§69.4 Waiver Arising From Filing Claim

The Case: Haley v. University of Tennessee - Knoxville , 188 S.W.3d 518 (Tenn. 2006).

The Basic Facts: This case involves interpretation of the waiver provision in the Tennessee Claims Commission Act. The petitioner argued that the waiver should not operate when a claimant receives a voluntary dismissal without prejudice from the Claims Commission. The State argued that because the provision provides that the filing of a claim operates as a waiver, a later voluntary dismissal is irrelevant.

The Bottom Line:

  • "The Tennessee Claims Commission Act, Tenn. Code Ann. § 9-8-301 et seq., waives the state's sovereign immunity and provides claimants with a cause of action-and a deep pocket-that they would not otherwise be able to pursue. In exchange for this waiver of immunity, the Claims Commission Act imposes a strict election of remedies requirement. The moment the plaintiff's claim is 'filed' with the Claims Commission, the plaintiff has waived all other causes of action against any state officer or employee based on the same act or omission. Tenn. Code Ann. § 9-8-307(b)." 188 S.W.3d at 518.
  • "The words of the statute are plain: filing the claim waives all other causes of action against any state officer or employee based on the same act or omission. 'Where the language contained within the four corners of a statute is plain, clear, and unambiguous . . . 'the duty of the courts is simple and obvious, namely, to say sic lex scripta ['thus is the written law'], and obey it.'' Carson Creek Vacation Resorts, Inc. v. State of Tenn. Dep't of Revenue, 865 S.W.2d 1, 2 (Tenn. 1993) (quoting Miller v. Childress , 21 Tenn. 320, 321‑22 (1841)). Because 'the words of [the] statute plainly mean one thing they cannot be given another meaning by judicial construction.' Henry v. White, 250 S.W.2d 70, 72 (Tenn. 1952) (citing Mathes v. State, 121 S.W.2d 548, 550 (Tenn. 1938))." Id.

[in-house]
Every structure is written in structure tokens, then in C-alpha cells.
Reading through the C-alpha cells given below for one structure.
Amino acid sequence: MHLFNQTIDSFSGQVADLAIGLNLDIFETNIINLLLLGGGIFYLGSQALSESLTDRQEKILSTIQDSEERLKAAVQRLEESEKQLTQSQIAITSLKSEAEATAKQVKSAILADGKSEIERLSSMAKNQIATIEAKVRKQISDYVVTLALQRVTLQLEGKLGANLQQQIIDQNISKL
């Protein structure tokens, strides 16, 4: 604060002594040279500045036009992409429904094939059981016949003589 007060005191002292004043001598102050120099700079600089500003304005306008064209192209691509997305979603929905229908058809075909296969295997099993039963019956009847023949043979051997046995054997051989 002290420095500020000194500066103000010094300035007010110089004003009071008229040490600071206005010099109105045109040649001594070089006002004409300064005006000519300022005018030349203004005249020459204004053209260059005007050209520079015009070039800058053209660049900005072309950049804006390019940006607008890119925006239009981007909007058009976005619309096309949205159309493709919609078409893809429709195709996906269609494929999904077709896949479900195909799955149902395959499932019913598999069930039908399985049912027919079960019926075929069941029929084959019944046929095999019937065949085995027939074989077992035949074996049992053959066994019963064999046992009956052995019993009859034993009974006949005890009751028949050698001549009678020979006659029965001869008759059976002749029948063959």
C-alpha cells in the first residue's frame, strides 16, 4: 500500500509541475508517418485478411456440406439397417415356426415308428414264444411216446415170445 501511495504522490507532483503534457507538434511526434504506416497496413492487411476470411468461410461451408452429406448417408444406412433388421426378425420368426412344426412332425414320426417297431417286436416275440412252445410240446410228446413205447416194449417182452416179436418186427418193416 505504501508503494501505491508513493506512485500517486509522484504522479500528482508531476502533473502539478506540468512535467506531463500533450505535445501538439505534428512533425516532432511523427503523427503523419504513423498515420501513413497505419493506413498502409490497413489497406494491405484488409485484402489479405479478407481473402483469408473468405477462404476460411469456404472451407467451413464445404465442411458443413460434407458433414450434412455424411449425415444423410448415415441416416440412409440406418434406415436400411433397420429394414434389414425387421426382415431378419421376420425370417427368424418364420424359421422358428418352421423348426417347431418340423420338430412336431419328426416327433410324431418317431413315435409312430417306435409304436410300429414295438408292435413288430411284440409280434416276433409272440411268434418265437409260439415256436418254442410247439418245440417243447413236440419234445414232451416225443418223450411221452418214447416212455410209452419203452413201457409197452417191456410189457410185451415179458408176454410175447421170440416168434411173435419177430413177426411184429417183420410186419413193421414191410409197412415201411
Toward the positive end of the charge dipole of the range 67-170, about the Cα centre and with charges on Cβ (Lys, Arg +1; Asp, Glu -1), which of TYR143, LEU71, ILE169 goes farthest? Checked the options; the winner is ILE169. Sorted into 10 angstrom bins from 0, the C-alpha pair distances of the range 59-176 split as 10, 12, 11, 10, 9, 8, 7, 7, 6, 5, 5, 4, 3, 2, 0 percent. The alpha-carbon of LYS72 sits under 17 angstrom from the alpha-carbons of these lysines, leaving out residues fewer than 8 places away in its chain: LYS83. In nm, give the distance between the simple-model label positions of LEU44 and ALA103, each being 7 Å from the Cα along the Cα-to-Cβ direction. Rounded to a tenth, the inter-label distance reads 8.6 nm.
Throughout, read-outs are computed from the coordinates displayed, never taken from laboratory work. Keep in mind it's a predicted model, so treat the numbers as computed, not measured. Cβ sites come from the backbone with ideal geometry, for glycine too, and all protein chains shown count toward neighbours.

• "Haley argues, however, that a voluntary dismissal or non-suit before the Claims Commission leaves the situation as if the claim had never been brought, effectively reversing the activation of the waiver that occurred upon the filing of the claim. However, in our view, once the claim has been filed and the waiver has been activated, it cannot be 'undone.' The statute provides that filing the claim activates the waiver, regardless of the subsequent disposition of the claim. See White by Swafford v. Gerbitz, 860 F.2d 661, 662 (6th Cir. 1988) (holding that section 9-8-307(b) 'dictates that' plaintiffs waive cognate federal actions upon 'elect[ing] to sue the state before the Tennessee Claims Commission'). In light of the Legislature's unambiguous pronouncement in enacting the Claims Commission Act, we hold that the waiver provision of Tennessee Code Annotated section 9-8-307(b) is activated upon filing of the claim, even if the claim is later voluntarily withdrawn or non-suited." Id.

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The foregoing is an excerpt from Day on Torts: Leading Cases in Tennessee Tort Law, published by John A. Day, Civil Trial Specialist, Fellow in the American College of Trial Lawyers, recipient of Best Lawyers in America recognition, Martindale-Hubbell AV® Preeminent™ rated attorney, and Top 100 Tennessee Mid-South Super Lawyers designee. Read John’s full bio here.

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